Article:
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‘Extremely Alarming’: New Swarms of Locusts Ravage Africa, Middle East

03-26-2020
A farmer looks back as she walks through swarms of desert locusts feeding on her crops, in Katitika village, Kitui county, Kenya (AP Photo/Ben Curtis)
A farmer looks back as she walks through swarms of desert locusts feeding on her crops, in Katitika village, Kitui county, Kenya (AP Photo/Ben Curtis)

Video online shows millions of locusts descending upon the Middle Eastern country of Oman as swarms as big as 37 miles continue to plague Africa and the Arabian Peninsula.

Dominic Abu Hana, a presenter on a Lebanese news network, tweeted a video on March 15 of a flood of locusts in Oman. The video now has more than 4.5 million views.

Hana mistakenly called the insects ants in his post, but Omani officials later confirmed with journalist Hassan Hassan that they “are actually ‘small-size’ locusts.”

Africa and parts of the Middle East have been fighting plagues of locusts since late January. The insects present a major threat to agriculture and food supplies.

“When the conditions are right, the population can explode very fast. Locusts travel by wind, and they can travel at least 150-200 km a day,” said Nasser Al Shamsi, Oman’s Director of Plant Protection Services at the Ministry of Agriculture and Fisheries.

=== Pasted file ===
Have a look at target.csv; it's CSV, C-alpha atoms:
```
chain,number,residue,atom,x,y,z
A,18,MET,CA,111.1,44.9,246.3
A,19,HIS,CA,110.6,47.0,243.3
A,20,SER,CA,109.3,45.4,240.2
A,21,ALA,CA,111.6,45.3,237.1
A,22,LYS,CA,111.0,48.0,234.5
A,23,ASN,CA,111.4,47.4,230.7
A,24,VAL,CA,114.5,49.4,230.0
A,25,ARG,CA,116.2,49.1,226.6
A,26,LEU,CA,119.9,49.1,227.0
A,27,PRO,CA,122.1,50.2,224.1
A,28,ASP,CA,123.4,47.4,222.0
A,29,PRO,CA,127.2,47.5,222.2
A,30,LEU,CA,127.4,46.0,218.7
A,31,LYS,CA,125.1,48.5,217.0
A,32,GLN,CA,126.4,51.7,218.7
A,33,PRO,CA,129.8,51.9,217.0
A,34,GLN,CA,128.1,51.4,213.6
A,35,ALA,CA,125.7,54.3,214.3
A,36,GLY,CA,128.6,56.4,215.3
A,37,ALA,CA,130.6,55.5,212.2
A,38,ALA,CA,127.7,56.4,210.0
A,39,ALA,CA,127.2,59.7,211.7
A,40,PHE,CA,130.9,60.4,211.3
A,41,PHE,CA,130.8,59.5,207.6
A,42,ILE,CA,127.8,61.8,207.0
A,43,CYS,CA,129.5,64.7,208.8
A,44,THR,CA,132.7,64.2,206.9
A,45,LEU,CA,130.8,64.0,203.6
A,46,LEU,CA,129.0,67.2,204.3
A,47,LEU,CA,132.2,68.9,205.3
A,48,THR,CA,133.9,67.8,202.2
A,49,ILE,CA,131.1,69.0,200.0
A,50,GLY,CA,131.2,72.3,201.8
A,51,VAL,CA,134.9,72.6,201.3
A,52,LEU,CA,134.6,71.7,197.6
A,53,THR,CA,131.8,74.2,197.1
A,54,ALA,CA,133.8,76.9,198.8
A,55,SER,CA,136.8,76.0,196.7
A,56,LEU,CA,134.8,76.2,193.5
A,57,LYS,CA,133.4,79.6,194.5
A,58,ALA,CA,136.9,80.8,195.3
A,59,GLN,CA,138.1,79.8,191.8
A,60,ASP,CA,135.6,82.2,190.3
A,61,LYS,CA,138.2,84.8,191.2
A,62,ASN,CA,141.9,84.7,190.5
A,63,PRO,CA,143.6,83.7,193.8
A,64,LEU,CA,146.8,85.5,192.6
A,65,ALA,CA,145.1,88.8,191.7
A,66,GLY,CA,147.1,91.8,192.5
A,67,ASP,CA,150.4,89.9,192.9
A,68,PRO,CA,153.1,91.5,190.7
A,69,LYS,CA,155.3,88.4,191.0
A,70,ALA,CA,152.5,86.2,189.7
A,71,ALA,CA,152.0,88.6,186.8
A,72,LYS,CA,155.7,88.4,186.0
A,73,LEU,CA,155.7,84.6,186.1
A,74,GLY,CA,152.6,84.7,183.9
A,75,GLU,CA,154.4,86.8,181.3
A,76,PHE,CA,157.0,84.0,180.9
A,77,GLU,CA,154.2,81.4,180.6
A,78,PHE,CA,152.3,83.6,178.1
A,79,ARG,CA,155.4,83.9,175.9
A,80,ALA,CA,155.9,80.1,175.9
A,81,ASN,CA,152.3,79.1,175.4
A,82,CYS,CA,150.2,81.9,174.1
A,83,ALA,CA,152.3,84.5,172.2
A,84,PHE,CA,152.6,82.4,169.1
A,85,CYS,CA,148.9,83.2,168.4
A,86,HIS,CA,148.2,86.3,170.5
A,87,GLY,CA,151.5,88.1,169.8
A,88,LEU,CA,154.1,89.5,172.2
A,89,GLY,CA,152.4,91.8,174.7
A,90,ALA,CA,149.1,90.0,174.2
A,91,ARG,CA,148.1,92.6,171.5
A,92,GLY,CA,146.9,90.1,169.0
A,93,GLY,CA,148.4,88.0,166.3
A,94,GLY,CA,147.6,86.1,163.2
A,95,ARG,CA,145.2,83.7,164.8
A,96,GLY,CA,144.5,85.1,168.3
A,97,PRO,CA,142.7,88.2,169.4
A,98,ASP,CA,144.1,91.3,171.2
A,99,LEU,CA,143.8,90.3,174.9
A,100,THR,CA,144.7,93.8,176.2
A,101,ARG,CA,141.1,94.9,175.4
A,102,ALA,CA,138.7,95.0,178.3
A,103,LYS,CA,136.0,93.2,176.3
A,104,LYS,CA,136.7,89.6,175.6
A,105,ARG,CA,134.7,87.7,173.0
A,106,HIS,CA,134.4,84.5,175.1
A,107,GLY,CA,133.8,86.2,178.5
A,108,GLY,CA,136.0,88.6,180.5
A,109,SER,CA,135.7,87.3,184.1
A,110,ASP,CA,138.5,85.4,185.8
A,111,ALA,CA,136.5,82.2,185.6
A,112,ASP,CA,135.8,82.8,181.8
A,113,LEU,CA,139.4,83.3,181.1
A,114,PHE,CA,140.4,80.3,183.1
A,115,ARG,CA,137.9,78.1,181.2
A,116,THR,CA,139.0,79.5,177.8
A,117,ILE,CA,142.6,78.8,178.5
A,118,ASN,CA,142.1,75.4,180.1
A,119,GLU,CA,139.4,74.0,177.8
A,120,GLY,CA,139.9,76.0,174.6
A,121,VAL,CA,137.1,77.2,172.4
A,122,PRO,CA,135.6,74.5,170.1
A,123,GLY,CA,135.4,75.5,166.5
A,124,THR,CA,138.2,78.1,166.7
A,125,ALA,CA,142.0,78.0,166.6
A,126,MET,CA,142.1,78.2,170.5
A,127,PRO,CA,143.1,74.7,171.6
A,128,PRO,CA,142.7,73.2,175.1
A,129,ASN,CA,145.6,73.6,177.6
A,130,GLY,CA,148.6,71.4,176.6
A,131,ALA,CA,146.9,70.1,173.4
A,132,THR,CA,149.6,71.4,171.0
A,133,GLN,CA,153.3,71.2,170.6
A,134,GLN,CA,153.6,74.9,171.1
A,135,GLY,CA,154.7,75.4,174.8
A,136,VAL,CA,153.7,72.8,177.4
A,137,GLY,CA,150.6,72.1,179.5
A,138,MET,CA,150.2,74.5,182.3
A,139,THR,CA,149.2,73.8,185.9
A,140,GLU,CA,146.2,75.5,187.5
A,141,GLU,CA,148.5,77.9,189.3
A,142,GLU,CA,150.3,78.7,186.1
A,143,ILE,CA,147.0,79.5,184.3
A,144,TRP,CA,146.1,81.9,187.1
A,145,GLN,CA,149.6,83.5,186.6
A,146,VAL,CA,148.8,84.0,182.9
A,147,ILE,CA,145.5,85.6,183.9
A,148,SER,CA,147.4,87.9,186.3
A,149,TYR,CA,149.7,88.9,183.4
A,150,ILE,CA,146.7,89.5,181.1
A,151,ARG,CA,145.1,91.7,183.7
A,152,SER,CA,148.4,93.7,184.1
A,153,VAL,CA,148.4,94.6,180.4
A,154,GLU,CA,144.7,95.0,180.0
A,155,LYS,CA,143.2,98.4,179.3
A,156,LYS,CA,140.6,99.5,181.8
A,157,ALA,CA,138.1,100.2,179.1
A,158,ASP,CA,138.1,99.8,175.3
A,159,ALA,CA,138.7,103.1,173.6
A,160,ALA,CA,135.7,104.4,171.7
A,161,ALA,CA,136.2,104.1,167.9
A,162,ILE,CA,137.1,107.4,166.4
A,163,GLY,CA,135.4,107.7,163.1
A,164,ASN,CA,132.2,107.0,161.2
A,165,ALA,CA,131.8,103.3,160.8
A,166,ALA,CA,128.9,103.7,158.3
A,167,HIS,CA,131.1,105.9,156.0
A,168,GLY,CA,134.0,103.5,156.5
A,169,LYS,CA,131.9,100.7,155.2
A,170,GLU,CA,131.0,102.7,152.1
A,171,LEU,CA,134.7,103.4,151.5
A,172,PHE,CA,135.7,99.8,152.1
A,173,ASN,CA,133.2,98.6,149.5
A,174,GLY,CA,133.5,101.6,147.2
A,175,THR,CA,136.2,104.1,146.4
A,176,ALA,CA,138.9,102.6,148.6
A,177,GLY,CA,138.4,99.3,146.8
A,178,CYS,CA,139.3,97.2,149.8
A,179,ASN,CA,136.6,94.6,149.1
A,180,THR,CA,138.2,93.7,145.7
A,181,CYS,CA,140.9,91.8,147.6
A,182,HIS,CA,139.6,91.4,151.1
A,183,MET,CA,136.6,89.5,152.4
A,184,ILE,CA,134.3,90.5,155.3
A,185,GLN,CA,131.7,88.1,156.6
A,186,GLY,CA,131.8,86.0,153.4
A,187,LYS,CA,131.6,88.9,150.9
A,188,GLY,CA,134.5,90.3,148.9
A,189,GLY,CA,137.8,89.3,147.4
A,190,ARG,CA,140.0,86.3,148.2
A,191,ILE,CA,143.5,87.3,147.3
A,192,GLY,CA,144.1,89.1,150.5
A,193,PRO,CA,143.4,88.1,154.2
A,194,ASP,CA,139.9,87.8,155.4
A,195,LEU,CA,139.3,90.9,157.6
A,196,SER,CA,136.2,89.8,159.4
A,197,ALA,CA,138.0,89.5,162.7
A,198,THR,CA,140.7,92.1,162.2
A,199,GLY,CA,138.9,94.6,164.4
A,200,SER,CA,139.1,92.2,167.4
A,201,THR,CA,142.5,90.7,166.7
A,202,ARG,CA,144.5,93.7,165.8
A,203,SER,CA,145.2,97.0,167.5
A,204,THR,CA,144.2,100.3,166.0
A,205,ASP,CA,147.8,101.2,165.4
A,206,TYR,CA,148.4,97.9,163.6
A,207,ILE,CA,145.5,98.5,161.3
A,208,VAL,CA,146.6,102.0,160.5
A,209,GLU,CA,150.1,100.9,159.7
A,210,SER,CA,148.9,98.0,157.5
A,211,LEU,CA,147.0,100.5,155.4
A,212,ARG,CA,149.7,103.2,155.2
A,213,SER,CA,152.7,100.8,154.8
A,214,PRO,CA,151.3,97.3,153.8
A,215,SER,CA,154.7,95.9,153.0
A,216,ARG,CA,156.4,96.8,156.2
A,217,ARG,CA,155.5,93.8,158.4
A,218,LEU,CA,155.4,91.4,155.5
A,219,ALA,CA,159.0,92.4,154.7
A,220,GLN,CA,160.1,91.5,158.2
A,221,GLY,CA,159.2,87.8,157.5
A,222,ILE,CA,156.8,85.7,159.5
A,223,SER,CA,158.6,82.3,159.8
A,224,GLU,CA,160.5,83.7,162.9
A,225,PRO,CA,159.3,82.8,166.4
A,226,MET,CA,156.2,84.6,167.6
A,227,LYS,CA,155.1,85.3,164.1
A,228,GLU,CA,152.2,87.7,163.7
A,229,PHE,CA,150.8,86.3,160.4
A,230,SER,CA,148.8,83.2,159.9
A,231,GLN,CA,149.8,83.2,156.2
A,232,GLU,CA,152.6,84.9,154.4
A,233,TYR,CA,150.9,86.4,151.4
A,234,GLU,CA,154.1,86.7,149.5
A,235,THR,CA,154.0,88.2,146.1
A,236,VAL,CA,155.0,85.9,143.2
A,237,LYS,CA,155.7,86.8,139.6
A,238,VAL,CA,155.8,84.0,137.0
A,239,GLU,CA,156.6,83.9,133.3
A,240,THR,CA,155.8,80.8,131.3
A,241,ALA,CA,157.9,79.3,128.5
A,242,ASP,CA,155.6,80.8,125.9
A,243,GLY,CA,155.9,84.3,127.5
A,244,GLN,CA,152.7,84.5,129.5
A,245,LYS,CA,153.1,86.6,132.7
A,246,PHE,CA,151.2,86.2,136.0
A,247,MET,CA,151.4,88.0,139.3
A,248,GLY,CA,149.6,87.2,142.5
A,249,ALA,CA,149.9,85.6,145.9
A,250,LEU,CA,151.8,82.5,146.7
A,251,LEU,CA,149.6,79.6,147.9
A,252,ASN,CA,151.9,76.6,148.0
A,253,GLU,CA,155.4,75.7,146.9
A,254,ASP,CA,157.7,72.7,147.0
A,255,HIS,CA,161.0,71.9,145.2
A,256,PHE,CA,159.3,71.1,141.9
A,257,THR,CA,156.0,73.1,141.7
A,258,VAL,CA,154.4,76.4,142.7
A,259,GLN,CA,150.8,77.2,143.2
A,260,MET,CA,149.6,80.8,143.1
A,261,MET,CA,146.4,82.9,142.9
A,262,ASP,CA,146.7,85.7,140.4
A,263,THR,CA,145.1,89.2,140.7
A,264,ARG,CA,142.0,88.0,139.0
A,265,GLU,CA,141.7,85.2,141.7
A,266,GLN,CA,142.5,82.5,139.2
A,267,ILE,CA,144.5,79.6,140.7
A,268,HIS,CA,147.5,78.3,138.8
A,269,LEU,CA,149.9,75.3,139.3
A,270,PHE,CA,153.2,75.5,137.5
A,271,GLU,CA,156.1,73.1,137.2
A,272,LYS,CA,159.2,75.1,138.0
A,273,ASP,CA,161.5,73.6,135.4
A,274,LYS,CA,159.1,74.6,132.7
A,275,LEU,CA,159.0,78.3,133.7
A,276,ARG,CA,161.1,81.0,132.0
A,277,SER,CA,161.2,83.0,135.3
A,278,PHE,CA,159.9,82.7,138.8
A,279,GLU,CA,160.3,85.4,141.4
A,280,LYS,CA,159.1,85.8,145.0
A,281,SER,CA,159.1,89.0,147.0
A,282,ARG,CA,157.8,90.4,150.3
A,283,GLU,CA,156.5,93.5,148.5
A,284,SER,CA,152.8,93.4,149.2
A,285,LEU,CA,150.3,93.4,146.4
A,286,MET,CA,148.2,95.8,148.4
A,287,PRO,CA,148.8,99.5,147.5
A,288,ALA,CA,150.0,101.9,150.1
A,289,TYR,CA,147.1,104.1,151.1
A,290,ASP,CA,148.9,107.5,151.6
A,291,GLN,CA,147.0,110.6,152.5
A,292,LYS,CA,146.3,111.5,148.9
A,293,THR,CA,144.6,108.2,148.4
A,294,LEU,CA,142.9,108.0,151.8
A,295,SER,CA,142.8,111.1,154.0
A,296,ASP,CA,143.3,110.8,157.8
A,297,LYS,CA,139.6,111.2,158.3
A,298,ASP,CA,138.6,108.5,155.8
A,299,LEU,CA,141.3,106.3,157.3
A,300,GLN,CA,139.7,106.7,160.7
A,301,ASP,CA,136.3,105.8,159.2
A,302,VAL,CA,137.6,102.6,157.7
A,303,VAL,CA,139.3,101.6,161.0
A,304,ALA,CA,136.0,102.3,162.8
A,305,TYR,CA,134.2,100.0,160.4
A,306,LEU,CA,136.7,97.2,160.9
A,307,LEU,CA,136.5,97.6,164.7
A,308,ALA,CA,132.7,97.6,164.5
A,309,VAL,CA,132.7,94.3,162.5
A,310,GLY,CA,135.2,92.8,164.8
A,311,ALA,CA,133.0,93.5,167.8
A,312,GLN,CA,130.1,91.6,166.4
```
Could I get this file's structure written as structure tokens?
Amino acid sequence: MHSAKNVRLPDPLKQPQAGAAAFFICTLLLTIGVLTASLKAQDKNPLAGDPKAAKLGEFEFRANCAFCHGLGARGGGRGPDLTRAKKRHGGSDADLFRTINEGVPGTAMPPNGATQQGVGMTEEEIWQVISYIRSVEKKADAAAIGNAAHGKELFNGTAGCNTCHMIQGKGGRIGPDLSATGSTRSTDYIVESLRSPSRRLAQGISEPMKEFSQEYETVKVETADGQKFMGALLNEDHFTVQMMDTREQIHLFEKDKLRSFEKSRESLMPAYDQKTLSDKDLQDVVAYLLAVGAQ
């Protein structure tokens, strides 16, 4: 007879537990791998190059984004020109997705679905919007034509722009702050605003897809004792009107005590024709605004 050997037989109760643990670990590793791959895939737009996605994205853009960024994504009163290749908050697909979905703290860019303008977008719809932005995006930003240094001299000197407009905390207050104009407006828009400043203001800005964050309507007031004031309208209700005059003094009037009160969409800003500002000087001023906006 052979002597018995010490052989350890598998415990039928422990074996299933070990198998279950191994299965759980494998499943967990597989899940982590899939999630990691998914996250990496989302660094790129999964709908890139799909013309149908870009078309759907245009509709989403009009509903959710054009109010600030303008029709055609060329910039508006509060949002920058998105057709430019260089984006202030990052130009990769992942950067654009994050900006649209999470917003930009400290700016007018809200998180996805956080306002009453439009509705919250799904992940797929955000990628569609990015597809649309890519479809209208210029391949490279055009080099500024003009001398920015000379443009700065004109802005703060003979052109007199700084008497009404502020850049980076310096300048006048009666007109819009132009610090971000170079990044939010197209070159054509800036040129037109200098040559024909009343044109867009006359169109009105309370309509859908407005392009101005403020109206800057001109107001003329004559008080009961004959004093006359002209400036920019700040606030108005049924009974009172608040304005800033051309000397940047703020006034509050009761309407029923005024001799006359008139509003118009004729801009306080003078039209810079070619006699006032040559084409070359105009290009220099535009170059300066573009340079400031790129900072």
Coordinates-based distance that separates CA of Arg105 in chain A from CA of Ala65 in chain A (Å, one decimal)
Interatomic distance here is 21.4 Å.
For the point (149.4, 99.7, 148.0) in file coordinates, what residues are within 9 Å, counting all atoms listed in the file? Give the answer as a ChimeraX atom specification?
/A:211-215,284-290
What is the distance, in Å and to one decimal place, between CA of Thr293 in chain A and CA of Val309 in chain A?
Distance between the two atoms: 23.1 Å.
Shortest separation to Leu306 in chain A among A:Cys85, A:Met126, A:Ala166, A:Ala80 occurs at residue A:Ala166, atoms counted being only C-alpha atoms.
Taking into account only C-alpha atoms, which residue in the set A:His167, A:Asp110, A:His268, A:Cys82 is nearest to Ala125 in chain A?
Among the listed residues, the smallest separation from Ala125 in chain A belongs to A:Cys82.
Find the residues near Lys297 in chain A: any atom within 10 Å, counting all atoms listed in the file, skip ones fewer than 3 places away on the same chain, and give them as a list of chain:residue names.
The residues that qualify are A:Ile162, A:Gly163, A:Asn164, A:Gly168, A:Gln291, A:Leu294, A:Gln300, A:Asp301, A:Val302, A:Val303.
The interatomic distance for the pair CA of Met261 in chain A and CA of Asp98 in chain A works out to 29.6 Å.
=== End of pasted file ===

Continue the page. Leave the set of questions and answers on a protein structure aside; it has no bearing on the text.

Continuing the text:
“A single female locust can lay up to 100 to 300 eggs,” he told the Times of Oman. “The period of maturity of the larvae inside the eggs is about two weeks, and the problem is that when they hatch, very large numbers of insects are formed. You can imagine the damage thousands of locusts can cause.”

The UN’s Food and Agriculture Organization said on Tuesday the situation is “extremely alarming” in Kenya, Ethiopia, and Somalia “where widespread breeding is in progress and new swarms are starting to form, representing an unprecedented threat to food security and livelihoods at the beginning of the upcoming cropping season.”

New swarms are also forming in South Sudan, Yemen, and Iran. The government agency says the situation is under control in Sudan, Eritrea, Saudi Arabia, Oman, Iraq, Pakistan, and India.

The coronavirus pandemic has complicated the situation because it is slowing down the delivery of pesticides that can kill the insects.

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